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I was asked which among the following is true:

  1. $\Sigma^*-\{\epsilon\} = \Sigma^+$
  2. $L^* - \{\epsilon \} = L^+$

As I can see, both $\Sigma^*$ & $L^*$ are sets. I thought both were true because of set difference, but the answer lists only the first option as correct and the second as false. How so?

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If $\varepsilon \in L$, then necessarily $\varepsilon \in L^+$ (and the converse as well). This is because $L$ itself is contained in $L^+$ and $L^+$ is defined as the union over the powers $L^i$ of $L$ for $i \in \mathbb{N}_+$. Note $L^+$ is not defined as $L^\ast \setminus \{ \varepsilon \}$; this is a common mistake.

Hence, $\varepsilon \not\in L^+$ holds if and only if $\varepsilon \not\in L$. This is the case for the alphabet $\Sigma$, hence why it is correct in the first case.

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  • $\begingroup$ Can't $\sum = \{\epsilon\}$ or $\epsilon \in \sum$? $\endgroup$ – Mr. Sigma. Dec 20 '18 at 13:17
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    $\begingroup$ @Mr.Sigma. Well, it depends on what $\Sigma$ is. Usually it is meant as an alphabet, so defining it like that would mean $\varepsilon$ is a symbol; I have no clue how you would separate that from the empty word $\varepsilon$ (though I could imagine Machiavellian examiners abusing such things). If $\Sigma$ is meant as a language, then, sure, $\Sigma = \{ \varepsilon \}$ is possible (and not ambiguous). Note $\Sigma$ cannot be just a "set" since it must contain words; otherwise, the definition for $\Sigma^+$ simply does not work because $\Sigma^i$ is undefined (regarding concatenation). $\endgroup$ – dkaeae Dec 20 '18 at 13:20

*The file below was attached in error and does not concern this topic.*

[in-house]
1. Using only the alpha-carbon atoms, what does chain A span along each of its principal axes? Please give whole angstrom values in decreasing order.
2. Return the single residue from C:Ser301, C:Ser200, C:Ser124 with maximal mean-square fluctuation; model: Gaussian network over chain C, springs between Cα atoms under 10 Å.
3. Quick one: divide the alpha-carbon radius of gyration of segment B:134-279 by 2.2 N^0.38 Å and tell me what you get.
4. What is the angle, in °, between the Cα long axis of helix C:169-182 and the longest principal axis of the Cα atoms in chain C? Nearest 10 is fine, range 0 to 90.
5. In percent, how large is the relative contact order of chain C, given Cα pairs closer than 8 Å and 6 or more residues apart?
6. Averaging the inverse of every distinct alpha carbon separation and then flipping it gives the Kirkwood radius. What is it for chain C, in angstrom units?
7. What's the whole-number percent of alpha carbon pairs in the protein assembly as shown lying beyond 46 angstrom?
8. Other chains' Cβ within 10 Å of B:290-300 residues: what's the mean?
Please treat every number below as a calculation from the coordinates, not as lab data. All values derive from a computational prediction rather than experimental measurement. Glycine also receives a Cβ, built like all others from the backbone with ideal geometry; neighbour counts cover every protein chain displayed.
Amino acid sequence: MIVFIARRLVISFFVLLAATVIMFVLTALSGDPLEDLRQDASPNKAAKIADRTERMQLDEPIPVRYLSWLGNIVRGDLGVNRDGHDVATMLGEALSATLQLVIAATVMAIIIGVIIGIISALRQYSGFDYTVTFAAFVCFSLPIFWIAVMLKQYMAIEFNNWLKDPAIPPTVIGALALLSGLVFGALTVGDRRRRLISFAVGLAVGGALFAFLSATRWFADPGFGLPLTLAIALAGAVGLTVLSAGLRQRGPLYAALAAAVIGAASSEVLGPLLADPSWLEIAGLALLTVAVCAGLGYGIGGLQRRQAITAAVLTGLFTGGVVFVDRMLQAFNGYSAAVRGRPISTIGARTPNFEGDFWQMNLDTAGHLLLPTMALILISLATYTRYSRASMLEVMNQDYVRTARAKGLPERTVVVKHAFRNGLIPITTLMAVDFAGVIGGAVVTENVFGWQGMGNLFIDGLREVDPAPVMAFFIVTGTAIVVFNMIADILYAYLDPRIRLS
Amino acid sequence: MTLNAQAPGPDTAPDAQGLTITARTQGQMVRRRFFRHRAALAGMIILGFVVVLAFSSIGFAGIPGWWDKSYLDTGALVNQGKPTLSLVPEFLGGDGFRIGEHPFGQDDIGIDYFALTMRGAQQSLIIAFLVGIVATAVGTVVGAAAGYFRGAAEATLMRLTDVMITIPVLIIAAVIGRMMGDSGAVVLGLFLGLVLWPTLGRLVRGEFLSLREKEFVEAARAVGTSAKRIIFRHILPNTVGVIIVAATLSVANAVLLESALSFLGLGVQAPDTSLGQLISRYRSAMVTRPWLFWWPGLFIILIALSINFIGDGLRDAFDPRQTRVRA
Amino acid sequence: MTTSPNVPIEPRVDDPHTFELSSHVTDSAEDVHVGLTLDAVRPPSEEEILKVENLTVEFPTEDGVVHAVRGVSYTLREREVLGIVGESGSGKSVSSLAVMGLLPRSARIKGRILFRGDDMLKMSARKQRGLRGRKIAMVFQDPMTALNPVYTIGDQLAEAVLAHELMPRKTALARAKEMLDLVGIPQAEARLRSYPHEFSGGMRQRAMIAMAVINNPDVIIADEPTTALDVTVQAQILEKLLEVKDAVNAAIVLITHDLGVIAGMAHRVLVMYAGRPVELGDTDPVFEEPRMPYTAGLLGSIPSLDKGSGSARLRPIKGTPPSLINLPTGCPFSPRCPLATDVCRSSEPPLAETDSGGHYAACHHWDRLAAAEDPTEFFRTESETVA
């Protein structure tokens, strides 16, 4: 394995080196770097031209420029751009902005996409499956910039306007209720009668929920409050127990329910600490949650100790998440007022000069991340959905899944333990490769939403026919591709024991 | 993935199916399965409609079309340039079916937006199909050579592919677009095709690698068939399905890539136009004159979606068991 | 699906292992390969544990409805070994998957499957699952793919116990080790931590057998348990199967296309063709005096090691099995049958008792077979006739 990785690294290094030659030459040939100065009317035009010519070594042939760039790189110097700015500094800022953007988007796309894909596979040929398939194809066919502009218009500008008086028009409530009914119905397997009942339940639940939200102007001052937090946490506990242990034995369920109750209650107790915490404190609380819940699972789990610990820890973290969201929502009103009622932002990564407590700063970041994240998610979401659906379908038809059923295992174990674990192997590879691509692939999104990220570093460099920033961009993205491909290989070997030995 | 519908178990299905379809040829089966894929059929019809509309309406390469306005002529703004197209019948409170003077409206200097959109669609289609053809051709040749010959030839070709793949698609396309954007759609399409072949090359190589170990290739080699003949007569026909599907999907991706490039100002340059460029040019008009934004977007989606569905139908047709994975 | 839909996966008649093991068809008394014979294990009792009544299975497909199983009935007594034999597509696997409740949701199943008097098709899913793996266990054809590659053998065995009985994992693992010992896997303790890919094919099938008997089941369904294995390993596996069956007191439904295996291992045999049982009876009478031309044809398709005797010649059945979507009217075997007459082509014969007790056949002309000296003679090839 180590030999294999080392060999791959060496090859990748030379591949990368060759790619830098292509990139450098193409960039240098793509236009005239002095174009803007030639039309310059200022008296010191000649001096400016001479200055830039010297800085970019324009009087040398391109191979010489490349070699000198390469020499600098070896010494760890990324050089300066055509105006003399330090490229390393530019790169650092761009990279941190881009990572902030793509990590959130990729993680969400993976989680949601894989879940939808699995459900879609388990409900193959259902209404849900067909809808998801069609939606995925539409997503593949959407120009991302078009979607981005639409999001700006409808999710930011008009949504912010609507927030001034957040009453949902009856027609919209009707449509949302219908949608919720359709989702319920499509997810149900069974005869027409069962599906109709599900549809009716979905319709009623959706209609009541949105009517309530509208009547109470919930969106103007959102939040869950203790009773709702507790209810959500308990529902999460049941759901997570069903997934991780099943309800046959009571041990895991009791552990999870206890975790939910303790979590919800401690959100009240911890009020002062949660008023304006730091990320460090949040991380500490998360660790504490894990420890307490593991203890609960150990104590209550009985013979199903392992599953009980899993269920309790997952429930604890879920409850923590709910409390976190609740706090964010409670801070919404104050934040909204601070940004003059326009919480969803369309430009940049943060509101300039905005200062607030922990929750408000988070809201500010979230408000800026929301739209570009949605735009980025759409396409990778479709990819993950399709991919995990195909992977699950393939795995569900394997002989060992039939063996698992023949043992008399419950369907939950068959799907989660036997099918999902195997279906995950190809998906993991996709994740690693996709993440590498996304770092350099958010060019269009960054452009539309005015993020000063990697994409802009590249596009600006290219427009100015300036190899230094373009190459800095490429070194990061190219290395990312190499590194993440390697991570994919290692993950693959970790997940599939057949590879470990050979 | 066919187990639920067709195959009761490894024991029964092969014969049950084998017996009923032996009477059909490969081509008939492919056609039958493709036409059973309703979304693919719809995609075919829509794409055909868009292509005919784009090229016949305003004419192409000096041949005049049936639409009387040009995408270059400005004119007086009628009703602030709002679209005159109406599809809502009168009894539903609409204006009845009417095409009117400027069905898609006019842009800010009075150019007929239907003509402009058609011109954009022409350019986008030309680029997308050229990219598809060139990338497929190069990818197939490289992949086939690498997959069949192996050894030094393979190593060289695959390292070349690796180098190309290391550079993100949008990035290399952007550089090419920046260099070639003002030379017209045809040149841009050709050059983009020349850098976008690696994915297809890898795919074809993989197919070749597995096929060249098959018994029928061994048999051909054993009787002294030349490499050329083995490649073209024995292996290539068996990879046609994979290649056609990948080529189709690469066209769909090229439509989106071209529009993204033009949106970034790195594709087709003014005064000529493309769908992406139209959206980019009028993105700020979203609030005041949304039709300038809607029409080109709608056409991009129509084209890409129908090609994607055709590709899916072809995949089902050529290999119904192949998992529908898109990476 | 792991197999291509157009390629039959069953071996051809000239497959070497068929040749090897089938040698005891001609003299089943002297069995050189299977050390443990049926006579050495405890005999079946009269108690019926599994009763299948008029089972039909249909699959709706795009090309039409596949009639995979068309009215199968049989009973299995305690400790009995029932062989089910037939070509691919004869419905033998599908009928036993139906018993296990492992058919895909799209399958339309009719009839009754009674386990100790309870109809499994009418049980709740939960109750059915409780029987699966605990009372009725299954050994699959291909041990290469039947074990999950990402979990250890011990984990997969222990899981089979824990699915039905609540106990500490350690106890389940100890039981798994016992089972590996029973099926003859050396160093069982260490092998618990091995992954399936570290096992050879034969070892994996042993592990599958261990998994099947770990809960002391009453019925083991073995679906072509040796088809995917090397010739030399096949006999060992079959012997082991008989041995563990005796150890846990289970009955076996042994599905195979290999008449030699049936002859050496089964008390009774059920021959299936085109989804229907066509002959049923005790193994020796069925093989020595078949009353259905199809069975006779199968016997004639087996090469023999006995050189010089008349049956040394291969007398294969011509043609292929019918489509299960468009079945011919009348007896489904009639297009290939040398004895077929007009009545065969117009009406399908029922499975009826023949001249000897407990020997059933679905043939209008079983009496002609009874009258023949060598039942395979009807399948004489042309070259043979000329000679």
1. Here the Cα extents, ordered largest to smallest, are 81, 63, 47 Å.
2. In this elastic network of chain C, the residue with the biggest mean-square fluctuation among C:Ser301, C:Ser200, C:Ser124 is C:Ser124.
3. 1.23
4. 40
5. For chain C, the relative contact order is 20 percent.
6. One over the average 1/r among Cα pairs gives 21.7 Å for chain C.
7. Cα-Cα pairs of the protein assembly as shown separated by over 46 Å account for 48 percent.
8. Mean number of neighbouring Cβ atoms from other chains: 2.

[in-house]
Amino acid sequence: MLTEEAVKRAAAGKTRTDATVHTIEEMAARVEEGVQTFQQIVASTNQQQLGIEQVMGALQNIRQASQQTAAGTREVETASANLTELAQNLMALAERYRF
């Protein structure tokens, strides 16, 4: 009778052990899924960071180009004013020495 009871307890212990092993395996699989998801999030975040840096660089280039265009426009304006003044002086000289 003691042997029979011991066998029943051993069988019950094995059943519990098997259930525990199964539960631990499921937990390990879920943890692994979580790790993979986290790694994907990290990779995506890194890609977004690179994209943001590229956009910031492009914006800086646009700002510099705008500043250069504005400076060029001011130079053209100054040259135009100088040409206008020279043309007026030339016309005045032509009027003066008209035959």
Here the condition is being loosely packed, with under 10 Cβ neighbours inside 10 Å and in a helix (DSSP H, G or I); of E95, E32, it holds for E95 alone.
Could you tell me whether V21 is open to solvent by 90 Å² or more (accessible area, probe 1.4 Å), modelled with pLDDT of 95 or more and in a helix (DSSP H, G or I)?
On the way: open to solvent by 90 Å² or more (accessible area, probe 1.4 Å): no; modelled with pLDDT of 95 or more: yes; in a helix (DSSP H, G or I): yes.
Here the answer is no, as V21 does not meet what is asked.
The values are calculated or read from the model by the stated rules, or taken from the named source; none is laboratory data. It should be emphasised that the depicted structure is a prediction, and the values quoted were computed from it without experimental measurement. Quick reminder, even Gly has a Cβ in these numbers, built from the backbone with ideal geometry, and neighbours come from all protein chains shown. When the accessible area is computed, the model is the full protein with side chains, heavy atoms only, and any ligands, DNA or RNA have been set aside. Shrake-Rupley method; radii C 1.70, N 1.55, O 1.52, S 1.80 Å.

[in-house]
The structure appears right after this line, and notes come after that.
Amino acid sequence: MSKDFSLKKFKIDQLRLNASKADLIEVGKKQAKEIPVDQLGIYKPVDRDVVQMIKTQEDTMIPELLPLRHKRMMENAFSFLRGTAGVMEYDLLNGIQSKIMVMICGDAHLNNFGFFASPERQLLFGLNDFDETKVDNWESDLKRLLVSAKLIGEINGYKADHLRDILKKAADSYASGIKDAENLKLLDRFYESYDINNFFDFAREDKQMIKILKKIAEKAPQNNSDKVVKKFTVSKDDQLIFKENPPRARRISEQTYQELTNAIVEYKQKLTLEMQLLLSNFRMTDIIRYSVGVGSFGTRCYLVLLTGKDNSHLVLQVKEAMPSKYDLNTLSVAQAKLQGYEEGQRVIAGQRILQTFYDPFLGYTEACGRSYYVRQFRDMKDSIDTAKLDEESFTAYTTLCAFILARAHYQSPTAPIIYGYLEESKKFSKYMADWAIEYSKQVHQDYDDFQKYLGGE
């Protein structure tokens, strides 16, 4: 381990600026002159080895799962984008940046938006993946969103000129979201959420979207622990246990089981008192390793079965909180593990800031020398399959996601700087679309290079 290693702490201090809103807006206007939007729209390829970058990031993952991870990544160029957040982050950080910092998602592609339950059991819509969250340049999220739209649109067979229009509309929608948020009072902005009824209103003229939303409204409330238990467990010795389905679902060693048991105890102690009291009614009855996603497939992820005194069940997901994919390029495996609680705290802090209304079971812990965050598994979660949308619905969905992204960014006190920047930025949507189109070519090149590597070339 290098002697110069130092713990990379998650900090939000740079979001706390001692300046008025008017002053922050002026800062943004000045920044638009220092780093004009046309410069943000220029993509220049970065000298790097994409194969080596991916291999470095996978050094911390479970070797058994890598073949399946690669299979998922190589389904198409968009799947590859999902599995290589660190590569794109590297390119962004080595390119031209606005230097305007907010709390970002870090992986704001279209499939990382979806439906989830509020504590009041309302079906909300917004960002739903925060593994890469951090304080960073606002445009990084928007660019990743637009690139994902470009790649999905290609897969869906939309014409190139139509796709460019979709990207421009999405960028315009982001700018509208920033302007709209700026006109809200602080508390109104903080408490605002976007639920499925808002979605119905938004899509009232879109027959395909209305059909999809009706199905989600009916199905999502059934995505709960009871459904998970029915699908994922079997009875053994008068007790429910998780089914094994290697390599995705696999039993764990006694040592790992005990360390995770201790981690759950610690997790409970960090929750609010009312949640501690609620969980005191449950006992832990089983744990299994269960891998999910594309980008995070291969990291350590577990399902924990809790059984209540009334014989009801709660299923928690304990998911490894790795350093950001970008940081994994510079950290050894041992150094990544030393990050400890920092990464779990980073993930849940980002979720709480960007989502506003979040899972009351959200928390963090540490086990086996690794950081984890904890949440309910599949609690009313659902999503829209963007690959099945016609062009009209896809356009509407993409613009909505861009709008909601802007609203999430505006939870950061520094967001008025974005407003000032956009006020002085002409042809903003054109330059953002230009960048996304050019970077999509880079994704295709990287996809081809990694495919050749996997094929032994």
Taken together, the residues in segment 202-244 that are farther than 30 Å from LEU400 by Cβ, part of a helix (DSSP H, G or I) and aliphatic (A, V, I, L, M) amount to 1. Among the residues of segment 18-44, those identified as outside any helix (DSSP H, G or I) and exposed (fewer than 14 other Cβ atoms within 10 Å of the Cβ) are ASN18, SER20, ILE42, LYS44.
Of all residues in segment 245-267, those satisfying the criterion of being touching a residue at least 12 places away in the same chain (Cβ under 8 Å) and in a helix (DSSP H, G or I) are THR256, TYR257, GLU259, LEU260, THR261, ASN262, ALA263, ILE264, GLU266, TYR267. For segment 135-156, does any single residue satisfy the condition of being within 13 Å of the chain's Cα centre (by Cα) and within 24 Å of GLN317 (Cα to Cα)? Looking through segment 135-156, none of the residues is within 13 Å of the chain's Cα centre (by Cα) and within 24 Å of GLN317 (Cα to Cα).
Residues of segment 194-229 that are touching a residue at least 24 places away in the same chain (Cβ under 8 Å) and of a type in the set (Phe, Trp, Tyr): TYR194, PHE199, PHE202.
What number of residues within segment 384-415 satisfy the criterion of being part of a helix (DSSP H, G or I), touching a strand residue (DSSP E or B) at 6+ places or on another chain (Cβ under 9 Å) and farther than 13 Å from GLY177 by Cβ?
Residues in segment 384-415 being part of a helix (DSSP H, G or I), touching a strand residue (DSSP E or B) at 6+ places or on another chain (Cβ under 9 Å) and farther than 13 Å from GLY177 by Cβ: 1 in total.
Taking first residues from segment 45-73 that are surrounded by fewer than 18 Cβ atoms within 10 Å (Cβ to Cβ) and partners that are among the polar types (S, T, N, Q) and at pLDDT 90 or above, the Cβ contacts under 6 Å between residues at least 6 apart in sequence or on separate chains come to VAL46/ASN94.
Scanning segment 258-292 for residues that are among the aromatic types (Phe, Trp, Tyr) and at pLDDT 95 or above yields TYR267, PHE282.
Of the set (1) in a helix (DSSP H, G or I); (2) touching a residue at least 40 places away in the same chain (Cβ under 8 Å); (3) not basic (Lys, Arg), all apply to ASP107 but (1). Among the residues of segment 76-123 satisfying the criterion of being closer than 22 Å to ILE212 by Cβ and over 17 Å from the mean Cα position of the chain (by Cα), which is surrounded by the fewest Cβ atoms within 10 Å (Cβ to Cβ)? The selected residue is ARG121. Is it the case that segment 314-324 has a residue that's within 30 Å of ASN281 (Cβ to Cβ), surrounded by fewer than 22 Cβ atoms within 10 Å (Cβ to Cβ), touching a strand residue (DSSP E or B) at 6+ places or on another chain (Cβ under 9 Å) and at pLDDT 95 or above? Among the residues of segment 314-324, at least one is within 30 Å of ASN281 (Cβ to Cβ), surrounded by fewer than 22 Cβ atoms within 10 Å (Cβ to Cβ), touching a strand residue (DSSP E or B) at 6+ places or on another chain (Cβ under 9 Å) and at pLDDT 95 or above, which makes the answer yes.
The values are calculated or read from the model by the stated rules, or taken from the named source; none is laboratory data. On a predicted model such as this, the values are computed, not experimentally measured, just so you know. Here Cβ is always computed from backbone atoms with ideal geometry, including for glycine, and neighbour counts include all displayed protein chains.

• $\begingroup$ oh, so should I assume null is not to be taken as an alphabet unless mentioned? $\endgroup$ – Mr. Sigma. Dec 20 '18 at 13:23
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    $\begingroup$ @Mr.Sigma. With "null" you mean the empty word $\varepsilon$? As I have said, I cannot imagine using $\varepsilon$ being used as a symbol except in the (very) restricted case of formulating trick questions. At any rate, $\Sigma$ should be given explicitly; if this is not the case, then $\varepsilon$ can safely be assumed not to be an element of it (since words should not be elements of alphabets, which are sets of symbols). $\endgroup$ – dkaeae Dec 20 '18 at 13:44
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    $\begingroup$ 2. really doesn't have a yes/no answer because $L$ isn't specified, but what probably is meant there is whether $\forall L: L^* - \{\epsilon \} = L^+$, in which case the answer is no, as dkaeae explains. $\endgroup$ – reinierpost Dec 20 '18 at 14:40

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